Review: Living with Microsoft's new Surface Pro
Is it a tablet? Is it an Ultrabook? It's up to you
While the Surface RT was aimed at Apple's iDevices, its posh Pro cousin is Microsoft's Windows 8 showcase in the PC space, and on midnight on February 9 the first units will go on sale. But we got one early, lived with it for a week, and have, ahem, surfaced to tell of our experience.
Microsoft is adamant that the Surface Pro is not just another consumer fondleslab that's to be used as a second-string consumption device, but is instead a fully functional Ultrabook in its own right. While the company has Pros in the field with engineers, it's most likely aimed at the executive who wants an exceptionally mobile laptop along with Windows and all its applications.
Redmond has been making private and public complaints about the lack of touch systems out there to support its latest operating system, and about OEMs' unwillingness to gamble on people willing to buy into Windows 8.
On a corporate level, Microsoft has no doubt seen how corporate types using iPads have insinuated Apple into the heart of what was once solid Windows territory, and Redmond is hoping the Surface Pro will bring management back to its core software stack.
The Surface Pro is Microsoft's attempt to show the rest of the manufacturing world how it's done, and for the last week The Register has had a unit to examine to see if they've succeeded. As well as poking and prodding the thing, we've done some usability testing to see if Surface can stand up as your primary system.
This isn't a review of Windows 8 per se, since the operating system has a few minor tweeks for the Surface Pro but is otherwise the same as you'd find on any new computer. Rather it's a look at the Surface itself, what's under the lid and, crucially, how easy it is to use in the real world.
The Surface Pro hardware is available in two standard fondleslabs, with 64GB or 128GB of solid state memory (more on that later), and priced at $899 and $999 respectively. Both come with a Wacom-based stylus.
The 128GB test unit Microsoft sent us is powered by a third-generation Intel Core i5-3317U running at 1.7GHz with 3MB of cache backed up by 4GB of dual-channel RAM. The processor started shipping around the middle of last year, and Microsoft says that newer processors will be added as they become available – presumably it's high on the list for Intel's forthcoming fourth-generation "Haswell" processors.
But with the i5's grunt comes a resulting heat penalty, and so the Surface has a cooling vent built into the top rim of the chassis. Inside the tablet, twin fans work in concert with the unit's internal sensors to determine where the top is at any given time and direct airflow upwards and outwards for maximum efficiency.
With no Ethernet, the Surface uses 802.11 a/b/g/n Wi-Fi with 2x2 MIMO antennas, and these are excellent at picking up strong signals over considerable distance. There's also Bluetooth 4.0 that can handle 3Mbps traffic, and crammed inside the case are an accelerometer, gyroscope, and compass, and an ambient light sensor to manage the display settings on the fly.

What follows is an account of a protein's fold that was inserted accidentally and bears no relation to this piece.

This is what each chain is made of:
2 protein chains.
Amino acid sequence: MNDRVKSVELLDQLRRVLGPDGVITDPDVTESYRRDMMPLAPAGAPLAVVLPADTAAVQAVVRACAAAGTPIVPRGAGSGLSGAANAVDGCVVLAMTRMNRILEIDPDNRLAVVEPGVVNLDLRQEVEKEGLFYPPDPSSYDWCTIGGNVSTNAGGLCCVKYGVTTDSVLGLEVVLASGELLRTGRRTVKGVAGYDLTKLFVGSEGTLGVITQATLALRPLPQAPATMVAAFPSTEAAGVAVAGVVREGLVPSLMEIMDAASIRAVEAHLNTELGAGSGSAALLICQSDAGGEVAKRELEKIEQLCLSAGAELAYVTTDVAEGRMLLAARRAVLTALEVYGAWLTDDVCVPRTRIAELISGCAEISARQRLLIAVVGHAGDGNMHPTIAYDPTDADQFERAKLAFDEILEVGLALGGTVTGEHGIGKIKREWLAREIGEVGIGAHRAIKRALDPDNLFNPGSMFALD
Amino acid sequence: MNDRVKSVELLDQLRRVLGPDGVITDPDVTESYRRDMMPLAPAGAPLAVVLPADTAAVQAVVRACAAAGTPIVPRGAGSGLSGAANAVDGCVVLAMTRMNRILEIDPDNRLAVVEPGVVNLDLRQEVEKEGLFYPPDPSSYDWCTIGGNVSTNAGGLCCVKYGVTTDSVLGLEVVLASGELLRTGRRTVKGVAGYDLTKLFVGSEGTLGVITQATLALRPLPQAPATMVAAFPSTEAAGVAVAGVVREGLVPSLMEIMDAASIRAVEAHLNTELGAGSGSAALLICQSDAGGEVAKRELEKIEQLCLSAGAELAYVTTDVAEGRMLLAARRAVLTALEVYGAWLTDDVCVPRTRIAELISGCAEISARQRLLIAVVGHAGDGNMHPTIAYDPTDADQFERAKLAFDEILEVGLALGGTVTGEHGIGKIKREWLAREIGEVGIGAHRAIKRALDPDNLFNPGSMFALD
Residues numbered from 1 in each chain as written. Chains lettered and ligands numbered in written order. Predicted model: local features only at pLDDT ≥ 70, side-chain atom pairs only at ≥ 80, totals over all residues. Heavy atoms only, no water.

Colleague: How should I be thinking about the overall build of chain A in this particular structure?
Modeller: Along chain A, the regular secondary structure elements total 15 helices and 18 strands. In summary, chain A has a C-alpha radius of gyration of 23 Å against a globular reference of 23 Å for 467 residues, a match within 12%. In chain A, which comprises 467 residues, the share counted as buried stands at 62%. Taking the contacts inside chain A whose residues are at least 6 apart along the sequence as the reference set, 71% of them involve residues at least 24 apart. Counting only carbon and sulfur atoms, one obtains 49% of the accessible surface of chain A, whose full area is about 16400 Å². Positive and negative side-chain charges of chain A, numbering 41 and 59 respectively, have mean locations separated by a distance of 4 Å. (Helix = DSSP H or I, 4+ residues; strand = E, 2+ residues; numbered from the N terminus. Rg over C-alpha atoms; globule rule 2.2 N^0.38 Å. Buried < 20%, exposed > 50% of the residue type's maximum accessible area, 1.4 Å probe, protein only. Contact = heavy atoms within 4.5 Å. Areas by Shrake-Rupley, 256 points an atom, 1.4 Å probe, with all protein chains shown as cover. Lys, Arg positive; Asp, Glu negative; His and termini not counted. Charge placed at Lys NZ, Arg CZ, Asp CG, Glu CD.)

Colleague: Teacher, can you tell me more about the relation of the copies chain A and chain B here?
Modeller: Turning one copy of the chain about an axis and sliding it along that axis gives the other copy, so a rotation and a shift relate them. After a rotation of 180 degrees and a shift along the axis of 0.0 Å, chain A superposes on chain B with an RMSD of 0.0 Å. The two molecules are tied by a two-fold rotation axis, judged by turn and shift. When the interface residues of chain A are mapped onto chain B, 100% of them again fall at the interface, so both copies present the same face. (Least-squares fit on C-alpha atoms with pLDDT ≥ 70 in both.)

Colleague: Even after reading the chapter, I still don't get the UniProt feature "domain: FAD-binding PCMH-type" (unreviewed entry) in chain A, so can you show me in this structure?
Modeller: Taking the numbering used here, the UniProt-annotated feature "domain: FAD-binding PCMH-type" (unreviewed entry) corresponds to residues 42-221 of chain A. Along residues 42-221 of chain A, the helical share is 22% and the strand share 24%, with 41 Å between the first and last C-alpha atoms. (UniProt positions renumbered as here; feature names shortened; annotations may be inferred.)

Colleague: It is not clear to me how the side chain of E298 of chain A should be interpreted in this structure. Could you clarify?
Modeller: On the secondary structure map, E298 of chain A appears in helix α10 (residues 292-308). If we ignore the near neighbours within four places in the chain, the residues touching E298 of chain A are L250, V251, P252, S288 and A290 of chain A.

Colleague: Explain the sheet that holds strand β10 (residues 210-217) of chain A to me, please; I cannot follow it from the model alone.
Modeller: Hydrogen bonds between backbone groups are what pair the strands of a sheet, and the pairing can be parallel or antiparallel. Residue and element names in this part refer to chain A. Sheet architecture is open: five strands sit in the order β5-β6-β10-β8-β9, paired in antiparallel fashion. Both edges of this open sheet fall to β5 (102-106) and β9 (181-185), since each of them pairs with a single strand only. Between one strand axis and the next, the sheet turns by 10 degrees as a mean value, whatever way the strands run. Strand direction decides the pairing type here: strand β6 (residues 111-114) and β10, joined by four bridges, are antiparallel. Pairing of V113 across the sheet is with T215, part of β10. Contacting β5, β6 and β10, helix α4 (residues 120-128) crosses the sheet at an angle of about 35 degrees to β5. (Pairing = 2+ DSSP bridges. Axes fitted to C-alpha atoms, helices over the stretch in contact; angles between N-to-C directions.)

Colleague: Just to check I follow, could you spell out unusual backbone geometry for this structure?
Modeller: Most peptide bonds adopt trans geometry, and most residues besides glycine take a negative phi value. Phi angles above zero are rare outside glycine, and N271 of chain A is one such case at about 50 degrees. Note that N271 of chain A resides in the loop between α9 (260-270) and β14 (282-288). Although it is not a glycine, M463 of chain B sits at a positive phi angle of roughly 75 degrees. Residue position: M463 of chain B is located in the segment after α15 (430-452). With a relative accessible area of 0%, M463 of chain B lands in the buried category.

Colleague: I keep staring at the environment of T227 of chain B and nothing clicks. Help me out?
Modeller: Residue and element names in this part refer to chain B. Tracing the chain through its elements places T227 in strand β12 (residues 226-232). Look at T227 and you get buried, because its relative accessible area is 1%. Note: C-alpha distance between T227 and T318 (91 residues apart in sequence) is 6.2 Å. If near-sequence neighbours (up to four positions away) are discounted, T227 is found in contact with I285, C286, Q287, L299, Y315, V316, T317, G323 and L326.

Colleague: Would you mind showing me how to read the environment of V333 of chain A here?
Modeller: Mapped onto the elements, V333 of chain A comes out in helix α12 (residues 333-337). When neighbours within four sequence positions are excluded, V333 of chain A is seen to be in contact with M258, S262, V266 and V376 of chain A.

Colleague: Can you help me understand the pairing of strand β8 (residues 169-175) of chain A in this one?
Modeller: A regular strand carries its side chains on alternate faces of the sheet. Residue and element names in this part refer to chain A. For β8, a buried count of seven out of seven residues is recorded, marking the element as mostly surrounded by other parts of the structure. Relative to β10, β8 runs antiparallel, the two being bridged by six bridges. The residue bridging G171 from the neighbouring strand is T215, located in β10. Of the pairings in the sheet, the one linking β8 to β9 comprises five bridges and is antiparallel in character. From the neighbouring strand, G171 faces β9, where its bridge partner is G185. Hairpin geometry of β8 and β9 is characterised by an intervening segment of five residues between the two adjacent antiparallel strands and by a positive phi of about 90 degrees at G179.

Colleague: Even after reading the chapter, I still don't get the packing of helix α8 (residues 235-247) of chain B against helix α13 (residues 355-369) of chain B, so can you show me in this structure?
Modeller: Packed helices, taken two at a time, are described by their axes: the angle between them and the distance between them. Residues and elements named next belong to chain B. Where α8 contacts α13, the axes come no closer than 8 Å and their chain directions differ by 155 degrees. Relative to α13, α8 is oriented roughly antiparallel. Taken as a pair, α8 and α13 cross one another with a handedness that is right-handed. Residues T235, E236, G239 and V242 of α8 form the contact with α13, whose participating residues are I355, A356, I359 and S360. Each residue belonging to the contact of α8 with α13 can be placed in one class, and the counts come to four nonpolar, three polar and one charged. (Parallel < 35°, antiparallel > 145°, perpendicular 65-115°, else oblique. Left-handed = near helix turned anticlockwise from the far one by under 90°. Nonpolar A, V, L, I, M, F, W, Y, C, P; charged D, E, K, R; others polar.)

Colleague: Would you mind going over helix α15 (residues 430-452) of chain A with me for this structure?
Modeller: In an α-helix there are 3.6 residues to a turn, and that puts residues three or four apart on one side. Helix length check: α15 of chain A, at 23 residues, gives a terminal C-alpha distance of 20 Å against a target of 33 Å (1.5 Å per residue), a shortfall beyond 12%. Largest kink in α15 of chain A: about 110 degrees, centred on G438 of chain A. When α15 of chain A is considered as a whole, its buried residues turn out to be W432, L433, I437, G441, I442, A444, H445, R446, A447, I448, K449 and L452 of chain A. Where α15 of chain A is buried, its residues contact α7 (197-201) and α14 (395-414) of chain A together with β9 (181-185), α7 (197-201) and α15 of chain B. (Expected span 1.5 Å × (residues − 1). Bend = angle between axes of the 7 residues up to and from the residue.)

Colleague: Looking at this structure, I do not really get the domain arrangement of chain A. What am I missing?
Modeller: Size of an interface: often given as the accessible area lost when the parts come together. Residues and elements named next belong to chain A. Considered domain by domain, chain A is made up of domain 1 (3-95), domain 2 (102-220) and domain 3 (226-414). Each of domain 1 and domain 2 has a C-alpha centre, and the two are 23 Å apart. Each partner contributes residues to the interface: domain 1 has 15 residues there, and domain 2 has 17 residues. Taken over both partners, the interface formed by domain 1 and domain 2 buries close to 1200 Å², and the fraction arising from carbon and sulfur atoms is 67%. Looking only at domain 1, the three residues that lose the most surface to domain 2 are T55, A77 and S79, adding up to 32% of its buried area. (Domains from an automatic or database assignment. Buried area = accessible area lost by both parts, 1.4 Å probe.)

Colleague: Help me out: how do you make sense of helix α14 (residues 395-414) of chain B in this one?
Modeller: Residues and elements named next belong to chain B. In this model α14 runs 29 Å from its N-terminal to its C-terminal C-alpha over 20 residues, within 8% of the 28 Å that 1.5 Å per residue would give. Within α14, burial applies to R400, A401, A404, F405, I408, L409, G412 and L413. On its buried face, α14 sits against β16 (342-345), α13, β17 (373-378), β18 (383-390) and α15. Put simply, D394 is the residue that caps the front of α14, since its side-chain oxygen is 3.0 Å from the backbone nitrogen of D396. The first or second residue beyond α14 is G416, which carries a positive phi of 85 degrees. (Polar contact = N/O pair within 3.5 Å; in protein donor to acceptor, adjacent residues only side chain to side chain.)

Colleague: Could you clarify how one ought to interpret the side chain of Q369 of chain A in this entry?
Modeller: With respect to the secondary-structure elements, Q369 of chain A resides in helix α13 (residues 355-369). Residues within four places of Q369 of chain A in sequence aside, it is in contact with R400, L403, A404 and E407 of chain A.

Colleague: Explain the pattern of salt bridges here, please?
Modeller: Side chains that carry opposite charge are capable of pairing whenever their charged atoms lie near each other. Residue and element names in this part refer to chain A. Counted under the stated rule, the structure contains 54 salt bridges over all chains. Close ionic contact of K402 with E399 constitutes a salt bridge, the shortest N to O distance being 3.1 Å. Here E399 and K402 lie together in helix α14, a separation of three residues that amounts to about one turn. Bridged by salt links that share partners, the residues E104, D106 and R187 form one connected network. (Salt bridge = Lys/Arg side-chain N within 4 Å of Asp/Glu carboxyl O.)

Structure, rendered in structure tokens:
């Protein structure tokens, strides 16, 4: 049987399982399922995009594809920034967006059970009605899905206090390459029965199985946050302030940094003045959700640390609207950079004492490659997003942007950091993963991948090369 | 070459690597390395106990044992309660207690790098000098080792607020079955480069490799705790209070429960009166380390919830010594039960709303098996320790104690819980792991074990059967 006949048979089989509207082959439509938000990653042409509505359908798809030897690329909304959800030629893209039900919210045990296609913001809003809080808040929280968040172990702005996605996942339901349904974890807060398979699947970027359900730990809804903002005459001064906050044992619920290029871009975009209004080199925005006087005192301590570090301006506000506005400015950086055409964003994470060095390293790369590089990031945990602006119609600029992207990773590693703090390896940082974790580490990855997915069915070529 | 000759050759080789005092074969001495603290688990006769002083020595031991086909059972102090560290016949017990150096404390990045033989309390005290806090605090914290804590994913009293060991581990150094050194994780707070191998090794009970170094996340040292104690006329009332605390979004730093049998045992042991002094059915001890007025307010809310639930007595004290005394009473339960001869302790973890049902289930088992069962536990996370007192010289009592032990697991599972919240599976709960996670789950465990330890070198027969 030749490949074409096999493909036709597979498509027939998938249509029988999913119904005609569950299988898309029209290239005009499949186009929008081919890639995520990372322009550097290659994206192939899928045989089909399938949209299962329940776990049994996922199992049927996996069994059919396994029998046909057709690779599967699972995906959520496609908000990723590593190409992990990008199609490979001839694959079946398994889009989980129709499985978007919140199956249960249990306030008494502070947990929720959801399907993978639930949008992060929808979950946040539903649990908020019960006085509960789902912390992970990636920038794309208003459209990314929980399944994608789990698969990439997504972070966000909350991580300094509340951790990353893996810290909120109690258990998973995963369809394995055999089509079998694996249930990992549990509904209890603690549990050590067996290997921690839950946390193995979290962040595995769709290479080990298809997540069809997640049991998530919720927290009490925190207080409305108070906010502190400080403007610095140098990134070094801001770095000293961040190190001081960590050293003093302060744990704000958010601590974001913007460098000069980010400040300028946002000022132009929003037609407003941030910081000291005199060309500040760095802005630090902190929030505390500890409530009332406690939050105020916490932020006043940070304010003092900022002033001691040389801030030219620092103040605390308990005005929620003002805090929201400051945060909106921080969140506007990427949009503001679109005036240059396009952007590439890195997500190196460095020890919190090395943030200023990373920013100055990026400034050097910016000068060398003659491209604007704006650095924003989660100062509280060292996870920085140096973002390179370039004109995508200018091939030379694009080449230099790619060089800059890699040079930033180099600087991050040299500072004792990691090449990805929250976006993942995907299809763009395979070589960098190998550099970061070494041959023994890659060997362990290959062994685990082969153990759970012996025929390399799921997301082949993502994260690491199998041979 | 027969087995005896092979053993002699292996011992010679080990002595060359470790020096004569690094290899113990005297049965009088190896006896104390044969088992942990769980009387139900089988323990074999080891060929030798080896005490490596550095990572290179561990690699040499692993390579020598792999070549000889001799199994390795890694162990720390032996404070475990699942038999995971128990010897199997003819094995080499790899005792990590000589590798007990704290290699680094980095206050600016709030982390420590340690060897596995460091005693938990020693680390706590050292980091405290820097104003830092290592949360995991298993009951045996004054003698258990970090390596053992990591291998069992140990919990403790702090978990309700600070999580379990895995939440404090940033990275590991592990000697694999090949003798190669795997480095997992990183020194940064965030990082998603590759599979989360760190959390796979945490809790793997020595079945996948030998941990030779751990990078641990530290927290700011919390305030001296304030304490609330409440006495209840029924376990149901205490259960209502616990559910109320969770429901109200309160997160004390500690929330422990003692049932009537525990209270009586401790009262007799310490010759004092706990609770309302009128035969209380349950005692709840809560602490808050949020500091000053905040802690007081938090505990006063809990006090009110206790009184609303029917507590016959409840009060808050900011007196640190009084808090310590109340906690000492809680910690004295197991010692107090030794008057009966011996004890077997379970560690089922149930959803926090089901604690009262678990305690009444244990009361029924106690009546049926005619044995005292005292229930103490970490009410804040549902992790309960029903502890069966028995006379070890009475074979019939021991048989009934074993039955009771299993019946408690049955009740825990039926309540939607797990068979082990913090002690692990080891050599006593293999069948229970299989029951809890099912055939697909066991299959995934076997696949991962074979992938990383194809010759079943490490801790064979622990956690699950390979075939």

The Surface has a bonded 10.6-inch 1920-by-1080 pixel display capable of 10-point touch, which provides a 9.2inch viewing area. The Surface's Intel HD4000 graphics engine can also display 1440-by-1260 pixels on a conventional desktop monitor using the Mini DisplayPort connector in the bottom left of the tablet's case.
At the top of the screen there's a front-facing 720p camera for video calls with a rear-facing twin on the other side of the case for those annoying people who like to use a tablet as a camera. On the bottom bezel there's a touch-sensitive Windows button to bring up the home screen. It's not the greatest of cameras, as our test shot using the rear-facing camera shows, but it's good enough. No animals were harmed in our testing of the camera, but a small black cat was slightly peeved.
Microsoft is proud of its custom VaporMg magnesium-alloy case, in which the entire shell is injection-molded from liquid metal and then polished up. According to its engineers, the Surface has around 200 parts inside, 150 of which are custom-made, and Redmond says it has its own factory in China doing the assembly.
At two pounds it's weightier than many tablet-users would like, and the trapazoid-profile unit measures 10.81 x 6.81 x 0.53 inches at its tips. As with the RT unit, the Surface Pro has a kickstand for viewing or use with the keyboard. The screen viewing area is good enough, so you're reasonably flexible about where you sit when the kickstand is deployed, but using it with a keyboard in Cattle Class on an American airline could be problematic.
The power slot uses a magnetic connector similar to Apple's second-generation MagSafe power connector, and this doubles as a fixing point for the Surface Pro's stylus, which is built using Wacom technology and uses a pressure sensitive tip to act as a mouse, and has a button on top that can be programmed to erase doodles. The Surface is also heavy enough that you can use it as a graphics tablet without it sliding all over the table like lighter fondleslabs.
Built into the left side of the casing is a full-sized USB 3.0 port (very welcome and still ridiculously rare), a volume rocker, and 3.5mm headphone jack, with the power button and microphone on top. On the right is the Mini DisplayPort and power port, with a microSD card slot above – and you're going to need the latter given the size of the available storage space.
Our 128GB test unit came with 86GB of free space, so it's logical to assume the 64GB version will have a little over 20GB for buyers to play with. You can pick up a 32GB microSD card cheaply enough, 128GB versions are coming soon, and SanDisk say the technology will scale up to 2TB, so a card wallet is going to be a necessary accessory for power Surface users.